The Trump administration’s move to roll back vehicle mileage standards threatens a key component of the Liberal government’s climate strategy, and would reduce the need for car makers to sell electric vehicles in North America.
Canada and the United States jointly adopted regulations in 2014 that would dramatically increase average fuel efficiency of vehicles sold between 2022 and 2025, significantly reducing greenhouse gas emissions from cars and light trucks.
Now, the Trump administration has signalled its intent to ease those standards as a result of a review that looked at whether the regulations are appropriate given current market conditions. That review period expired Sunday and the administration has indicated it will set new rules, a process that could take months, if not years.
However, Environmental Protection Agency administrator Scott Pruitt faces a fight from California, which has the right to set its own emissions standards and is vowing to stick with the tougher rules. Mr. Pruitt is expected to announce the results of the EPA’s review and a new standard-setting exercise this week.
If Washington and California can’t agree, Prime Minister Justin Trudeau would be forced to choose sides between looser U.S. federal regulations, which industry is demanding, and the stricter state standards that would help Canada achieve its greenhouse gas emission targets in 2030. Several states − including New York and Pennsylvania − have allied themselves with California.
Environment Minister Catherine McKenna insists the Liberal government has a plan for Canada to meet its target to reduce greenhouse gas emissions by 30 per cent from 2005 levels by 2030. Reducing gasoline consumption over the next 12 years is a big part of that effort.
“Improving the fuel efficiency of our vehicles cuts pollution and saves drivers money,” Ms. McKenna’s press secretary, Caroline Thériault, said Sunday.
“We are paying close attention to the U.S. mid-term review of vehicle fuel-efficiency standards ,” she said. “Any decisions regarding vehicle regulatory changes will be informed by our own midterm evaluation and by careful considerations of environmental and economic impacts.”
Under the 2014 regulations, auto makers are required to roughly double the average fuel economy of the vehicles they sell by 2025, to 54.5 miles per gallon (mpg) in the U.S. or the equivalent of 5.2 litres per 100 kilometres in Canada.
The Detroit-based industry began lobbying President Donald Trump soon after he took office last year to ease those rules, saying they would be virtually impossible to achieve as consumers continue to prefer trucks, SUVs and crossovers to fuel-sipping sedans, hybrids or electric vehicles.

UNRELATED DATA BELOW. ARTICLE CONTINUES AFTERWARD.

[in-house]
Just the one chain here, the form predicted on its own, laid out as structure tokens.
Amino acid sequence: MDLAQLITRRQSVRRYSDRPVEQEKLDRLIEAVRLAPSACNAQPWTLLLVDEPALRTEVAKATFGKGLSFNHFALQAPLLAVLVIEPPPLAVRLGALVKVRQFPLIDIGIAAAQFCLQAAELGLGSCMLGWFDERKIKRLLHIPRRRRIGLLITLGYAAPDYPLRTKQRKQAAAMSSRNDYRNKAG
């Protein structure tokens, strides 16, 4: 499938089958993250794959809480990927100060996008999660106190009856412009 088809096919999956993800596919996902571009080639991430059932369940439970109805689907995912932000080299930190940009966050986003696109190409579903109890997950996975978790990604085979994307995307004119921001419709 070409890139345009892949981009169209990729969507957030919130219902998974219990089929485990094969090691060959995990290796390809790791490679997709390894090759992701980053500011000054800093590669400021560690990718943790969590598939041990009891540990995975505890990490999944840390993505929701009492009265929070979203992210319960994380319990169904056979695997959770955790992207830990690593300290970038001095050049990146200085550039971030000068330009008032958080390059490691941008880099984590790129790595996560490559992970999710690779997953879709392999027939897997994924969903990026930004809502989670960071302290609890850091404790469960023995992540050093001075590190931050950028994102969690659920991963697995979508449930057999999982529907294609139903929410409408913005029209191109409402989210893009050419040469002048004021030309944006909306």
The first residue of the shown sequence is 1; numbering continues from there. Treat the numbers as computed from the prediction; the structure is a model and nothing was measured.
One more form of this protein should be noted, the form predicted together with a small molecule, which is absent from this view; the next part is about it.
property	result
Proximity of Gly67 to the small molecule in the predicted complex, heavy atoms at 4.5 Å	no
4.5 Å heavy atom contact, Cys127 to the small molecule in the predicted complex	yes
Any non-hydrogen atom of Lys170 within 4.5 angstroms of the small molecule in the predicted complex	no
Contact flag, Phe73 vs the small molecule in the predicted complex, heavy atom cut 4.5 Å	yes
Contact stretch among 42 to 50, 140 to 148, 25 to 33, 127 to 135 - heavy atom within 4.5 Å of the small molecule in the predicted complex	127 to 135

“It’s in Canadians’ best interest that the federal government join California and the dozen other states that intend to keep the fuel efficiency standards as they are, as the auto sector had agreed to before Trump assumed office,” said Dan Woynillowicz , policy director for the Vancouver-based advocacy group Clean Energy Canada.
“Failing to do so means that Canadian drivers won’t benefit from the estimated $900 per year in fuel cost savings, and carbon pollution will be significantly higher than it needs to be,” Mr. Woynillowicz said Sunday. “The technology exists, the costs to car companies are reasonable, and the benefits are clear.”
In an analysis of the regulatory impact, released in 2014, Environment Canada said the new rules could add $1,829 to the cost of a new car by 2025, but the consumer would save $900 in fuel costs.
Transportation accounts for 24 per cent of Canada’s greenhouse gas emissions, with most of that coming from passenger vehicles and light trucks.
As it implements its 2016 federal-provincial agreement on climate change, Ottawa is looking at a number of measures to reduce emissions from transportation, including support for electric-vehicle sales and clean-fuel standards. The new measures will be building on existing regulations, including the planned higher fuel-efficiency standards, the government has said.
The regulations passed in 2014 provide incentives for manufacturers to sell hybrids and electric vehicles in order to lower the average fuel consumption of the fleet of vehicles they sell.
Manufacturers are also in something of a bind. While they have argued for a relaxation of the fuel efficiency regulations, they worry that they will be faced with two sets of rules: one governing California and the states that follow its approach, and another set by Washington.
Auto makers would face higher costs if they had to manage fuel economy by each individual state, Toyota Motor Corp.’s North American head, Jim Lentz, said last week in New York.
The average fuel efficiency of new cars sold in the U.S fell by 0.5 mpg between its high point in August, 2014, and December, 2017, the University of Michigan’s Transportation Research Institute says.